US presidential debate: Fear and loathing in Las Vegas

Trump's astonishing lack of impulse control betrayed him once again as Clinton goaded him mercilessly

24th October, 2016
A teenager proudly wears a Donald Trump shirt in Cleveland, Ohio Pic: Getty

It seems fitting in so many ways that the final presidential debate of the campaign - and as Democrats would have it, the final debate of all time if Trump is elected President – should take place in Las Vegas.

Predictable prizefight and gambling analogies aside, nowhere is quite such a perfect springboard for the surreal endgame. Elvis impersonators in $9.99 jumpsuits crackling with static and joke shop sideburns persuade tourists to have their picture taken with them for $5. A Zach Galifianakis lookalike in a wheelchair clutches a baby doll wearing sunglasses - a la Hangover movies. He angrily jostles with a homeless man for a prime business slot on the pedestrian bridge outside the Treasure Island resort. Up and down the strip, the pedestrian walkways that lead to five star hotels are lined with homeless people sleeping on cardboard, disabled army veterans begging for change, drug addicts nodding out and young women dressed in bargain basement dominatrix gear offering cracking whips and promising to teach the marauding stag party participants ‘a lesson they wont forget’.

Outside Trump International Hotel, taco trucks have lined up to build a wall of protest against the Republican candidate’s anti-immigrant policies. As mentioned in an earlier column, for more than a year now, there have been daily protests outside the hotel because of Trump’s refusal to enable its 500 employees – who are paid $3 an hour less than their counterparts in other Vegas hotels – to join a union.

But in honour of the debate, most of the five star hotels are using their expensive lighting effects to project stars and stripes or transform their exteriors to red white and blue. A van drives up and down the main drag covered in neon pink and silver flashing lights. It is of the type usually used to advertise Vegas’s seamy strip clubs and ‘erotic dance’ shows. But tonight a 10ft digital image of Trump is displayed on both sides with the words ‘Racist, Sexist, Bully’ emblazoned beneath.

At the sprawling UNLV campus, the mood is upbeat. A local TV presenter, whose requests for an interview with Trump were rebuffed, makes do with a Trump puppet that she uses as a ventriloquists dummy.

Ken Bone, who became an Internet sensation after the second debate, has been quick to monetise his 15 minutes of fame. It was not so much Ken’s question about energy policy that made him an overnight sensation. Rather it was the red jumper he was wearing which coupled with his benign demeanour had the same effect on viewers as the red Teletubby has on toddlers.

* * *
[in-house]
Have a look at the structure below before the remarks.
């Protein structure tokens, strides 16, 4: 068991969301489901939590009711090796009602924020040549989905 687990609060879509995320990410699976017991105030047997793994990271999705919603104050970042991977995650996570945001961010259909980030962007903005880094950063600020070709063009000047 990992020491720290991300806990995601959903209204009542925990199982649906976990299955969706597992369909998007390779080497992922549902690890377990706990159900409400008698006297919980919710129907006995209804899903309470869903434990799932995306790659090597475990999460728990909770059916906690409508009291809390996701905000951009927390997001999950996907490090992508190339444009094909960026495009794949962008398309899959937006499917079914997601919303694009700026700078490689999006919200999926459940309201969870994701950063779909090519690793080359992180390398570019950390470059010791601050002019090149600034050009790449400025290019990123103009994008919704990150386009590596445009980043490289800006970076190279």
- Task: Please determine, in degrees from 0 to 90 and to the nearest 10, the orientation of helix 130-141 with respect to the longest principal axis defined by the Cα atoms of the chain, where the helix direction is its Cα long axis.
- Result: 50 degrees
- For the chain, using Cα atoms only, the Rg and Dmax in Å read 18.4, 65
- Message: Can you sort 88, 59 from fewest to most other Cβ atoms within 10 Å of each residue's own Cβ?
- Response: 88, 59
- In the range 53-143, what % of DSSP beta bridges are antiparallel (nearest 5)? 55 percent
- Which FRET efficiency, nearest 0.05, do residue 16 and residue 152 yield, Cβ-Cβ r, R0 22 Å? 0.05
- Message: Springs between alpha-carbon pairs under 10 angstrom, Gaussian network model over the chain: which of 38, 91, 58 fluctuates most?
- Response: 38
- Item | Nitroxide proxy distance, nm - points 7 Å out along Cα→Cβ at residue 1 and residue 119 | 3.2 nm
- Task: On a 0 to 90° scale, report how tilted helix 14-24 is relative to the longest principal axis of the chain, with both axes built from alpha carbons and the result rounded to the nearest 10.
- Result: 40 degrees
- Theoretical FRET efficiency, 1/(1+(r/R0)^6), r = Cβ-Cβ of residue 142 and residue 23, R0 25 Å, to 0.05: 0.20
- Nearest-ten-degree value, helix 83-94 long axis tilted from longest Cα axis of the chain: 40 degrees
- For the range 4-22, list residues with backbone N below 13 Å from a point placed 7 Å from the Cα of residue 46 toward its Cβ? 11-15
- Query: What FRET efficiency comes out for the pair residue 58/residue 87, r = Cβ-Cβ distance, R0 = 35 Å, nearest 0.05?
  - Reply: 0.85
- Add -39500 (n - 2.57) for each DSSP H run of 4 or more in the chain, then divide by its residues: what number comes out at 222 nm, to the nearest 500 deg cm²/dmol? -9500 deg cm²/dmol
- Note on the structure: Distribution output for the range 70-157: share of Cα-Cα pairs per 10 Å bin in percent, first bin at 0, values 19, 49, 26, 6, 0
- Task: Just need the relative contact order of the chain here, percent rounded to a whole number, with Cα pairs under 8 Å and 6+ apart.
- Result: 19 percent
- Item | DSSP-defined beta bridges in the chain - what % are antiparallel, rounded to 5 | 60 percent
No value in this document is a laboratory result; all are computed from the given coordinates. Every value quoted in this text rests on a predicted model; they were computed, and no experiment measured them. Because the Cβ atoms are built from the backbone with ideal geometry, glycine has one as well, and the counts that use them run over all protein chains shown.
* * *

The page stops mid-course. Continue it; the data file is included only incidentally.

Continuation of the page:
The students love him, lining up to get selfies and free hugs. He’s still wearing the red Christmas jumper, only now he has a handler, a slot on the Jimmy Kimmel Show and a special backdrop outside the UNLV debate watch party When the UNLV mascot, an eight foot tall frontiersman with an extravagant moustache ambles over for a photo, he’s ordered to kneel down so as not to overshadow Ken, who is very much the star of his own little show.

During a brief conversation Ken offers what is known in these parts as a ‘humble brag’ explanation for his celebrity. “I’m just an ordinary guy but I guess people just wanted to see a nice guy they could relate to instead of all this negativity,” he says.

When I suggest he’s this election cycle’s Joe The Plumber – the everyman adopted by John McCain following his appearance at a Town Hall meeting in 2008 - he seems slightly offended. Joe the Plumber was, let’s say, cut from a rougher cloth than Ken, and turned out to have a few embarrassing skeletons in his toolbox. Ken assures me he has done nothing that would embarrass his fans or his family; discomfiting internet posts relating to pornography were made before he was famous. Now he has an advertising contract with UBER and another with Izod, the manufacturer of his Christmas jumper.

It’s not like an apprenticeship. You have to know what you’re doing

Everywhere, students are eager to chat and proffer their opinions on both candidates. UNLV attracts more than its share of sports scholarship jocks, so unsurprisingly a straw poll of young male students suggests they are overwhelmingly pro-Trump.

Neema Ngaru, from Cameroon is a 26-year-old pharmacy graduate. She works as an unpaid intern at a Walgreens pharmacy near the Las Vegas strip and is hoping to obtain US citizenship. While she can’t vote in this election, she supports Trump. “I am a conservative. I don’t believe in taking money from those who have worked hard to give it to those who have not,” she says. She is also opposed to abortion and supports Trump’s pro-life stance. Asked whether, given Trump’s virulently anti-immigration stance, she might not have been able to enter the US under a Trump administration, she simply replies: “I am here now.”

Until ten days ago, Anisha Demick, a 25-year-old Nevada native who works as a reservations clerk while studying for an online MBA, intended to vote for Trump. The allegations that he had groped and harassed women didn’t especially bother her, she says. “You should see what it’s like for women here in Vegas.”

But she changed her mind after realising that Trump had failed to morph from mouthy outsider to informed candidate. “The President; it’s the top job. It’s not like an apprenticeship. You have to know what you’re doing.”